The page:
Dairy Farmers of Britain (DFOB), which employs 2,200 people, says that it has entered receivership after no longer being able to cover its production costs.
The news reflects wider turmoil being felt across the European and global milk sector amidst market deregulation that has led to protests across the bloc from suppliers claiming they need more support measures to survive.
PricewaterhouseCoopers, which will act as receiver for the cooperative, is reportedly looking for buyers for DFOB’s cheese and milk businesses as well as to safeguard its milk supply.
Lord Grantchester, chair of the DFOB board, says that despite numerous restructure attempts to ensure profitability, the cooperative had no alternative but to enter into administration.
"What is most important now is that the supply chain is maintained through to our consumers, that jobs are saved, and that there is a home for our members’ milk,” he states. “We will do whatever is appropriate to assist the receivers in achieving this outcome.”
The cooperative’s decision comes as farmer groups across the bloc step up calls for further support from retailers to ensure more viable milk supply for the industry.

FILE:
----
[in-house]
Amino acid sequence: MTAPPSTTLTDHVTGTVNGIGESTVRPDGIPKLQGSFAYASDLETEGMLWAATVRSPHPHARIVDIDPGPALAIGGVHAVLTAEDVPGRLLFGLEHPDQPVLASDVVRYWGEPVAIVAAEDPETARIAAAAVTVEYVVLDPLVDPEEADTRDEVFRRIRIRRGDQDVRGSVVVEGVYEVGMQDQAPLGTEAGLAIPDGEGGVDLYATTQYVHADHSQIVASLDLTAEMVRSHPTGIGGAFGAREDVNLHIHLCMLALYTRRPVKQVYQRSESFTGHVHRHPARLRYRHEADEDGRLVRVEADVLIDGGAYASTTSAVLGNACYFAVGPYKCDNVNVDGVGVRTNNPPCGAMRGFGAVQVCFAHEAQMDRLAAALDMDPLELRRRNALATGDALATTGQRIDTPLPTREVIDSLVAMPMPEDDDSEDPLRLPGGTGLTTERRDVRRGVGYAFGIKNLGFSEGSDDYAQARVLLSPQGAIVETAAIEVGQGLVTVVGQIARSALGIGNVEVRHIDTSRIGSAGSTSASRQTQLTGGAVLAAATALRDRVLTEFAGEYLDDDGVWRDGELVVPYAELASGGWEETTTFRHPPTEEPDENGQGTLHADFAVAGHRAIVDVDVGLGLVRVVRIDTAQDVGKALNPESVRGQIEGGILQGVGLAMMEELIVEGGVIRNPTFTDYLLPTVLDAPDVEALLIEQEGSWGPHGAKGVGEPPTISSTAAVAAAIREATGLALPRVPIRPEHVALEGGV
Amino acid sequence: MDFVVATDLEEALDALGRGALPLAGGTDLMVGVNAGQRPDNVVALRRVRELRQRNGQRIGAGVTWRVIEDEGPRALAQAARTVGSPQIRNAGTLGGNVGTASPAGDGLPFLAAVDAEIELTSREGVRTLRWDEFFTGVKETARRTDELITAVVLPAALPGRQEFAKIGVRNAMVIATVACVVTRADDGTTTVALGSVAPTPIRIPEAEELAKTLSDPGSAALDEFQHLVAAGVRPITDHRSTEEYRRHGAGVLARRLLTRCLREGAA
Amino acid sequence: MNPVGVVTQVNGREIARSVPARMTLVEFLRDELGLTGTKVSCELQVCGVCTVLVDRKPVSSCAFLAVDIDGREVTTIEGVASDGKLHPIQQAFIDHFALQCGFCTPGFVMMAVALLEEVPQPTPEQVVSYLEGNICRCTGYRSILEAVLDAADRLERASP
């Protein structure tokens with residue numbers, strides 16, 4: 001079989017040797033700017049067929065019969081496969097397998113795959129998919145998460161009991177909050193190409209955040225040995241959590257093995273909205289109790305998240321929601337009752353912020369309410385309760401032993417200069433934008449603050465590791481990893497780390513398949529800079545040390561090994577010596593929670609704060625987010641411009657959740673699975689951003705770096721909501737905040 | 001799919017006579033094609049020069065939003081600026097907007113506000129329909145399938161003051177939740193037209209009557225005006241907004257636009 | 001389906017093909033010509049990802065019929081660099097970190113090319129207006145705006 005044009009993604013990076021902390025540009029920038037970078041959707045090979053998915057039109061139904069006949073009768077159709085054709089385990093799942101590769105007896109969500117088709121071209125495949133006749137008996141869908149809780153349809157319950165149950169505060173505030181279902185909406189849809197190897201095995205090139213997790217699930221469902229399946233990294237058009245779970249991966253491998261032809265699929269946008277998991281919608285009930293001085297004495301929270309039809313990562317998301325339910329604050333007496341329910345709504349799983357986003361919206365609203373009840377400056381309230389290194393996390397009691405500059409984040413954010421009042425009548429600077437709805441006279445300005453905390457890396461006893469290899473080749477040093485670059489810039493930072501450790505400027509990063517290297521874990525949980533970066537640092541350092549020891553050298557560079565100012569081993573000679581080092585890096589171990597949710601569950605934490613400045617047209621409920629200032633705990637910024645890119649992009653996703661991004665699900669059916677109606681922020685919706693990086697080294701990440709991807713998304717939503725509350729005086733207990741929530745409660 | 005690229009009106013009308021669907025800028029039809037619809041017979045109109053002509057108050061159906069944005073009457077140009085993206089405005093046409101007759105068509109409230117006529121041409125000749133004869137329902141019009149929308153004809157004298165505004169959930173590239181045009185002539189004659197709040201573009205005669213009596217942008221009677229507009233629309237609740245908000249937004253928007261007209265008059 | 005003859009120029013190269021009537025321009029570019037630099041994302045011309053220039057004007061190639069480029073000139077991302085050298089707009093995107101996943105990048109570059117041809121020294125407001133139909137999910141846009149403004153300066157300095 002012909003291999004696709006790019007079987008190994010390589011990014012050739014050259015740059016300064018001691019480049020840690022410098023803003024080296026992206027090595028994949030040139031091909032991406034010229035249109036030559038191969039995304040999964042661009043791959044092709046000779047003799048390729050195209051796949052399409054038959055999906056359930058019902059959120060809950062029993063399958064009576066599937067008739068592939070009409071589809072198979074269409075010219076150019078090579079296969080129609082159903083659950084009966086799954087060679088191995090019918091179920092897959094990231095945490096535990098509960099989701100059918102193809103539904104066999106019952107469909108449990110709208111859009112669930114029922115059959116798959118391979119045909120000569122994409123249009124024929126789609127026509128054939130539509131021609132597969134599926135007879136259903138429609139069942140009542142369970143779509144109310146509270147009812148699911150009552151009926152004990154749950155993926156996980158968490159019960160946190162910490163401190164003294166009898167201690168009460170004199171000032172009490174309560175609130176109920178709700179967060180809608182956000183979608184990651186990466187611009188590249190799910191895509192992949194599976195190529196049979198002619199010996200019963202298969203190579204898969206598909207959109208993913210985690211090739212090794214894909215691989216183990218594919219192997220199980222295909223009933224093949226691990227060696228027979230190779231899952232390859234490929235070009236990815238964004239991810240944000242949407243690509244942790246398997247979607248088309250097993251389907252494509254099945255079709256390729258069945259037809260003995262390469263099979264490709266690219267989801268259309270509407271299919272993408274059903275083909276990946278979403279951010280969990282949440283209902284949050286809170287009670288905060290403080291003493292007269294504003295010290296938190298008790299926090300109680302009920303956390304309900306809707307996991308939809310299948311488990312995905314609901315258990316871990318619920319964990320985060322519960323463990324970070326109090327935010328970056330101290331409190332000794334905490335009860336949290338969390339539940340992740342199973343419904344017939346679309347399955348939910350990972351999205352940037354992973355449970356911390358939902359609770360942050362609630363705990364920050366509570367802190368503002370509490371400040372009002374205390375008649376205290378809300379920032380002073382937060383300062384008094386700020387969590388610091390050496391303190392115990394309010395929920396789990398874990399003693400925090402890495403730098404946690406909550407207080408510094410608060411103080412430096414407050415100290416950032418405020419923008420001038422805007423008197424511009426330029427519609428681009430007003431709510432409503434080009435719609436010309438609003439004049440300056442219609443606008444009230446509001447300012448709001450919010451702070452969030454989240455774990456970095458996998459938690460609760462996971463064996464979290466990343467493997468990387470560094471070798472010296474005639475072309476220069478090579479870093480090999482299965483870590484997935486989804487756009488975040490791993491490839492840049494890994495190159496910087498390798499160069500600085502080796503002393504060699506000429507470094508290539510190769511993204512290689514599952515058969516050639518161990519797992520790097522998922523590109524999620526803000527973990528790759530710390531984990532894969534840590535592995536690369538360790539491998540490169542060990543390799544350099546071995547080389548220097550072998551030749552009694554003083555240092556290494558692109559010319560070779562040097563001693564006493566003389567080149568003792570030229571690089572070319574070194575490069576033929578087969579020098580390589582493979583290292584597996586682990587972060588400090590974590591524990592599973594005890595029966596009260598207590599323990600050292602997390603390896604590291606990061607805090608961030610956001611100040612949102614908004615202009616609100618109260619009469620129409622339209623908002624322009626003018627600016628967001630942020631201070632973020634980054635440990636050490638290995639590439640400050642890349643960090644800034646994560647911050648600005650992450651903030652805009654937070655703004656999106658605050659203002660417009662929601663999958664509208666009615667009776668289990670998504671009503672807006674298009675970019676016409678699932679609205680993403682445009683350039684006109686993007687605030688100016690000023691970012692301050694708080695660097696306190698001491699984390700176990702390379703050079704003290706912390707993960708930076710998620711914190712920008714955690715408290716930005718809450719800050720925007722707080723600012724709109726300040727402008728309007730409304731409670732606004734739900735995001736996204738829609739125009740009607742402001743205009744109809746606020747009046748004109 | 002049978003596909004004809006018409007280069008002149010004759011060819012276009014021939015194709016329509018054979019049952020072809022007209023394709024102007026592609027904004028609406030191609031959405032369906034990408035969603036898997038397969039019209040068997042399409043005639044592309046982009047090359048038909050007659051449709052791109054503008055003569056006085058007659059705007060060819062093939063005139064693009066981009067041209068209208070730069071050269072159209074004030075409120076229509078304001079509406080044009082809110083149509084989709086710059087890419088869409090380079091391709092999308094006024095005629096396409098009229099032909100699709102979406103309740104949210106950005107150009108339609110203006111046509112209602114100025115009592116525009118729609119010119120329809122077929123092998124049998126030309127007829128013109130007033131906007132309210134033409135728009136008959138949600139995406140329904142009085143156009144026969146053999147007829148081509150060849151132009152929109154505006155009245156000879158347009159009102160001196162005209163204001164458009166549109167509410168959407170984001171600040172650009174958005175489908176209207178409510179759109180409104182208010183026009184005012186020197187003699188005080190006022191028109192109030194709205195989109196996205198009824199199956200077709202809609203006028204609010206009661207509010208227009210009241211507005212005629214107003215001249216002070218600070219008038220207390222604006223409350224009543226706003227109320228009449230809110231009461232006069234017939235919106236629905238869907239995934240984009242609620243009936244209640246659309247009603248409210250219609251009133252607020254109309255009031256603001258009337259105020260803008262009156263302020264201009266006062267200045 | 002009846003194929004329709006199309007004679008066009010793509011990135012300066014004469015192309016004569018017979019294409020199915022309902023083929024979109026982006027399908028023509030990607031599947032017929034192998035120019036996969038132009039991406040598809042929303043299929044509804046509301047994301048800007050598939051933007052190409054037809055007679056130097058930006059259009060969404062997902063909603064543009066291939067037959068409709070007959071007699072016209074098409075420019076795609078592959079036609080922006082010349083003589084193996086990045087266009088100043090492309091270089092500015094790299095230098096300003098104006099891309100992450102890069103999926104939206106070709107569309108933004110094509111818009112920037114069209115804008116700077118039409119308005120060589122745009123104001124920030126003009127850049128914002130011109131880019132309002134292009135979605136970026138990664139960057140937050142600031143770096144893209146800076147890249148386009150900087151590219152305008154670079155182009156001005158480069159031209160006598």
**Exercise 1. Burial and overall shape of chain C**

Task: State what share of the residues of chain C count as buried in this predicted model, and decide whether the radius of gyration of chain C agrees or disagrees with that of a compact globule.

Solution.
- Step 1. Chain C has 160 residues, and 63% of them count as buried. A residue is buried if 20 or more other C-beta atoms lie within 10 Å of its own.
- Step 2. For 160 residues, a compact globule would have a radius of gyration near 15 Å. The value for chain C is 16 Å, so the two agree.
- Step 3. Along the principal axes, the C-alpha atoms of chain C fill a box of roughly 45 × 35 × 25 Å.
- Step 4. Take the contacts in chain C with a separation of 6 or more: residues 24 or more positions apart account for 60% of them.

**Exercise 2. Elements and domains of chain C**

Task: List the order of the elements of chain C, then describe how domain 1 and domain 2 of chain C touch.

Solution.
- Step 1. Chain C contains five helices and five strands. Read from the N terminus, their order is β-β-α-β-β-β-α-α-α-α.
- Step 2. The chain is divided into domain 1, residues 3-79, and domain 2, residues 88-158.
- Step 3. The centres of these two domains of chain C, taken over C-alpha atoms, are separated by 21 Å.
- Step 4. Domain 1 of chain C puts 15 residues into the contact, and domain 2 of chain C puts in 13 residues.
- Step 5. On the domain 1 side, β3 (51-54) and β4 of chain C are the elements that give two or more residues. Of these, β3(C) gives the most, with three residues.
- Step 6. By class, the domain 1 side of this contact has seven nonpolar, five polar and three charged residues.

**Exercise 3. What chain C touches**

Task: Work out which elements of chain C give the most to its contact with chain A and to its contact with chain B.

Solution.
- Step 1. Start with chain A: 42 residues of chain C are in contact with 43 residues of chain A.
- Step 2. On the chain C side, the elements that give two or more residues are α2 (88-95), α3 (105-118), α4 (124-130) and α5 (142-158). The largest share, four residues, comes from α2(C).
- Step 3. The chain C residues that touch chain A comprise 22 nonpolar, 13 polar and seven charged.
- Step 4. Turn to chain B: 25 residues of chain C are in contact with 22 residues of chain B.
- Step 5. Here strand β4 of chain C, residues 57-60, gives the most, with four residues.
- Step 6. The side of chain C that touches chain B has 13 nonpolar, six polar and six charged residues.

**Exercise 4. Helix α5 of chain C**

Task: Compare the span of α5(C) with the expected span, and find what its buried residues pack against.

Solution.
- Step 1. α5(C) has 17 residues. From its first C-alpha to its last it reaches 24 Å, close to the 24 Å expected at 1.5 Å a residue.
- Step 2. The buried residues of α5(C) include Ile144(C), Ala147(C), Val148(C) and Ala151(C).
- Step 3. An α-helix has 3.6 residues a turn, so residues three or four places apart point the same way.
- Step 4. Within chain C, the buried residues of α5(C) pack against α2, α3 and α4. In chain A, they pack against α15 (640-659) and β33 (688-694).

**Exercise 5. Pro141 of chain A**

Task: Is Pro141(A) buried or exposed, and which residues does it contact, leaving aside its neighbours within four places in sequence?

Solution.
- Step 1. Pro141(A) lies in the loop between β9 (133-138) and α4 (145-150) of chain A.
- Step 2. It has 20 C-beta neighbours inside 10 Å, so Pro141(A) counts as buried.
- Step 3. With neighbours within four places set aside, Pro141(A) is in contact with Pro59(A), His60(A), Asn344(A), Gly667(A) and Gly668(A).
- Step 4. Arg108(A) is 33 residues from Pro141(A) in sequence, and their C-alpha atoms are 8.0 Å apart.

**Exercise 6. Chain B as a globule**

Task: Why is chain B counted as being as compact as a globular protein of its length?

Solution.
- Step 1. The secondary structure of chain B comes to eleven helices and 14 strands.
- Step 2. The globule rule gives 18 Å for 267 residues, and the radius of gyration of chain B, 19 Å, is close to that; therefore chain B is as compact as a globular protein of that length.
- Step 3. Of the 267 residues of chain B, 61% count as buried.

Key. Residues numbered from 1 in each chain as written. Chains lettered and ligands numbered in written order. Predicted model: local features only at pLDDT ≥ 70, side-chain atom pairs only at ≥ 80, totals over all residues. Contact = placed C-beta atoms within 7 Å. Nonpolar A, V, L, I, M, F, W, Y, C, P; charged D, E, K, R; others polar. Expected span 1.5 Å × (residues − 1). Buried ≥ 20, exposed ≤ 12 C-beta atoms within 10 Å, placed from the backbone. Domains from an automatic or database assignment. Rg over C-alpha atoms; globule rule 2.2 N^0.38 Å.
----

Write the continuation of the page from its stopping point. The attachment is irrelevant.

Back in February, Sieta van Keimpema, vice president of the European Milk Board (EMB), claimed farmers and processors were being short changed by major supermarket groups that have continued to profit at the same time suppliers struggle to cover costs.
Little since seems to have changed from the EMB’s perspective, after the lobby group last week suggested that ongoing market deregulation in the block is distorting the supply chain in favour of retailers.
"In this way the EU-Council has given them [retailers] even more power and once more shifted the balance to the detriment of the farmers,“ stated EMB president Romuald Schabe.